SF 22 wrote: “darealgoodfella- Part of my vision here is to reduce badmouthing around the pits/internet and increase track support. One common complaint is “my payout doesn’t even cover my entry pass”. I’m not saying increase payouts and I’m not saying racers should be making money at this game. I’m saying that since this is a semi-professional, spectator sport then the participant payout should at least cover entry costs. It just makes sense in my opinion.”

    These teams are not even semi-professional. These are teams made up of volunteers. A couple teams may have a full-time or some part-time paid crew, but overall, these are volunteer crew.

    The racers, from the owner to the crew, are racing addicts. They will pay whatever they can to get their racing fix. This is not a business for the racers. If it was, at this local track level, it would have been bankrupt a long time ago and all short tracks would have been abandoned and turned into malls and housing developments. These are overgrown boys that are still stuck on playing cars. The racing addicts are enabled by the tracks that fill the role of enabler. The racers can’t race on the streets, so they have to go to the tracks to fulfill their fix. And the role of the enabler is filled by the track.

    Wanna make a small fortune in small track racing? Start with a large fortune.

    Racing is like gambling. In gambling, you should only risk what you can afford to lose. That’s what the racers do. They do what they can afford to do, what they can afford to lose. That’s why there are so few full time teams and so many more part time operations. Teams that run in the top 5 or 10 know they are running a 💰💰💰💰 losing deal. Geez, even if one team wins all races on the NWMT, that team will lose money over the season. It’s a hobby or an addiction, call it what you want.

    Mike Stefanik said it best a few years ago when he commented that the biggest concern to the future of Modified racing was the lack of new owners coming into the game. New owners that had the means to fund their addiction, or hobby.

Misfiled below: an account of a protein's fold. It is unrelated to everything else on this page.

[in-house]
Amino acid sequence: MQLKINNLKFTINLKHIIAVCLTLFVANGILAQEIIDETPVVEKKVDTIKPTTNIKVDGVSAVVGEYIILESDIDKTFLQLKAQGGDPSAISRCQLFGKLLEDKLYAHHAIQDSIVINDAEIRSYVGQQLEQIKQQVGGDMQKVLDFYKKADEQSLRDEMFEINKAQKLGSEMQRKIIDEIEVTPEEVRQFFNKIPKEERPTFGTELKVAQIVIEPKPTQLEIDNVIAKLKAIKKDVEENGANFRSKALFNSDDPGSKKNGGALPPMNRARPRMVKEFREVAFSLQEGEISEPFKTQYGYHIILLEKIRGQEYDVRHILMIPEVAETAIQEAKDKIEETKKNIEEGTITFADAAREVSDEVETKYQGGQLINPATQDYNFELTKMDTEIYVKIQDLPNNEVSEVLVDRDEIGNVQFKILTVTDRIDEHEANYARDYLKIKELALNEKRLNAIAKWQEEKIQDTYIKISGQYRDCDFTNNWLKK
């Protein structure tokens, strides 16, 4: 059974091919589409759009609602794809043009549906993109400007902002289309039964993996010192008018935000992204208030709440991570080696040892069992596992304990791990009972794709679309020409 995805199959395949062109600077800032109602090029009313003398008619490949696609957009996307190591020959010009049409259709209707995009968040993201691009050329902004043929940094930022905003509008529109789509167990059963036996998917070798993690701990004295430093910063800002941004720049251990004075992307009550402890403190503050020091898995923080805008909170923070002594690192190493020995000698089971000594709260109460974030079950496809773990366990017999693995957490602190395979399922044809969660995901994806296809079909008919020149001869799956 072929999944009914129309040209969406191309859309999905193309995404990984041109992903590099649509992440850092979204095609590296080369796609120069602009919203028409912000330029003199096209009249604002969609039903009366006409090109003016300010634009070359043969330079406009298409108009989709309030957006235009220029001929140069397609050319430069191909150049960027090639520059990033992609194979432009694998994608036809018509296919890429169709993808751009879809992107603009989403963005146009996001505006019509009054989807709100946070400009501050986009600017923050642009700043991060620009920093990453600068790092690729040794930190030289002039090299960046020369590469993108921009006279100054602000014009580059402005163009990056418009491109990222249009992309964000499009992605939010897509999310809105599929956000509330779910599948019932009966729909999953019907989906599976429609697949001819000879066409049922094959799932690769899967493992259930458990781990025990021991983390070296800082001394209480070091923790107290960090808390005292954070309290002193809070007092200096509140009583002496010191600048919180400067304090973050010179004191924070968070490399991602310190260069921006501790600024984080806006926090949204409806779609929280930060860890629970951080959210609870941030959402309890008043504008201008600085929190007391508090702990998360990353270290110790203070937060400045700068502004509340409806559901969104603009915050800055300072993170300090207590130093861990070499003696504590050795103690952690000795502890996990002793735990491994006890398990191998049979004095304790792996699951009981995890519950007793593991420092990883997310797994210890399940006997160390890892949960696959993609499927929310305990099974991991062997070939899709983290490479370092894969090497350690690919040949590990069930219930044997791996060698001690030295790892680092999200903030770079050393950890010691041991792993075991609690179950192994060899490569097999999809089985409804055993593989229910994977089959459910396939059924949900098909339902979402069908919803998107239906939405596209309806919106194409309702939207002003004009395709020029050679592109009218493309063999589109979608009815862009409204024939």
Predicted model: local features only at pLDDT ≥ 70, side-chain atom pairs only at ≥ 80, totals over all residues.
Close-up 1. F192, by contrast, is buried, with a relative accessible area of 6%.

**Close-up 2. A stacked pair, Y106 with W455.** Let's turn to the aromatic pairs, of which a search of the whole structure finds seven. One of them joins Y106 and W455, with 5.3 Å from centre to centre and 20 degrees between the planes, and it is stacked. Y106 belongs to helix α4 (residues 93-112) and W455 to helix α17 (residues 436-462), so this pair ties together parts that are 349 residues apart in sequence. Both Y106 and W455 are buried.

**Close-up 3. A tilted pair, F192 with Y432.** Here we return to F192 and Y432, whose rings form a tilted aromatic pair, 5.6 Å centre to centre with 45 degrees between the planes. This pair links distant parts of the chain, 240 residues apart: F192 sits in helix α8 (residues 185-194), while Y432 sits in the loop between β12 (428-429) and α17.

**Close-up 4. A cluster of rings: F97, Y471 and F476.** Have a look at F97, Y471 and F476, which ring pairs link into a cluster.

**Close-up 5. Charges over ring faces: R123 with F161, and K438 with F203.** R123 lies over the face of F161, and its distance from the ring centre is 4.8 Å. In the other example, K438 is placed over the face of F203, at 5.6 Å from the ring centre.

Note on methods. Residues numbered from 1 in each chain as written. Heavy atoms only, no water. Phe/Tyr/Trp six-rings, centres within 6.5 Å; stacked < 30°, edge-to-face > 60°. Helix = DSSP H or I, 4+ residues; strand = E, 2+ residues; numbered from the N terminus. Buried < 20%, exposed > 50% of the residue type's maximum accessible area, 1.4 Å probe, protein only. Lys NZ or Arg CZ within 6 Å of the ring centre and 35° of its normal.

Payouts need to be increased. You can’t reduce the cost of racing. To increase payouts, we need to get more people in the stands, that will get more sponsors to take interest for they can get more minds on their products. More sponsors brings more revenues to increase the payouts. That’s a lot more fans and sponsors.

  28. SF22 “Short track racing, with regard to the actual racers and race teams, has deteriorated into an absolutely abysmal state.” (Fact or Fiction?)
    SF22 “Part of my vision here is to reduce badmouthing around the pits/internet and increase track support.” (Fact or Fiction?)
    So what is it you are actually doing?? Creating a platform to badmouth NASCAR, track promoters, staff and management and putting a blanket statement out there that infers that all short track racing is wrong or in your words in an “abysmal state”. Wow didn’t know your vast experience could gain you such knowledge regarding racetracks nationwide.
    Come on, get off your high horse, “invest” in a race car, or maybe get a sponsor to help you “invest” in your race car and start working on it, like the rest of us do all winter. It might be more productive. Now that would be something to write about. It could be a best seller- “Sean Foster’s Race Sponsorship Recipe for the Short Track Racers.”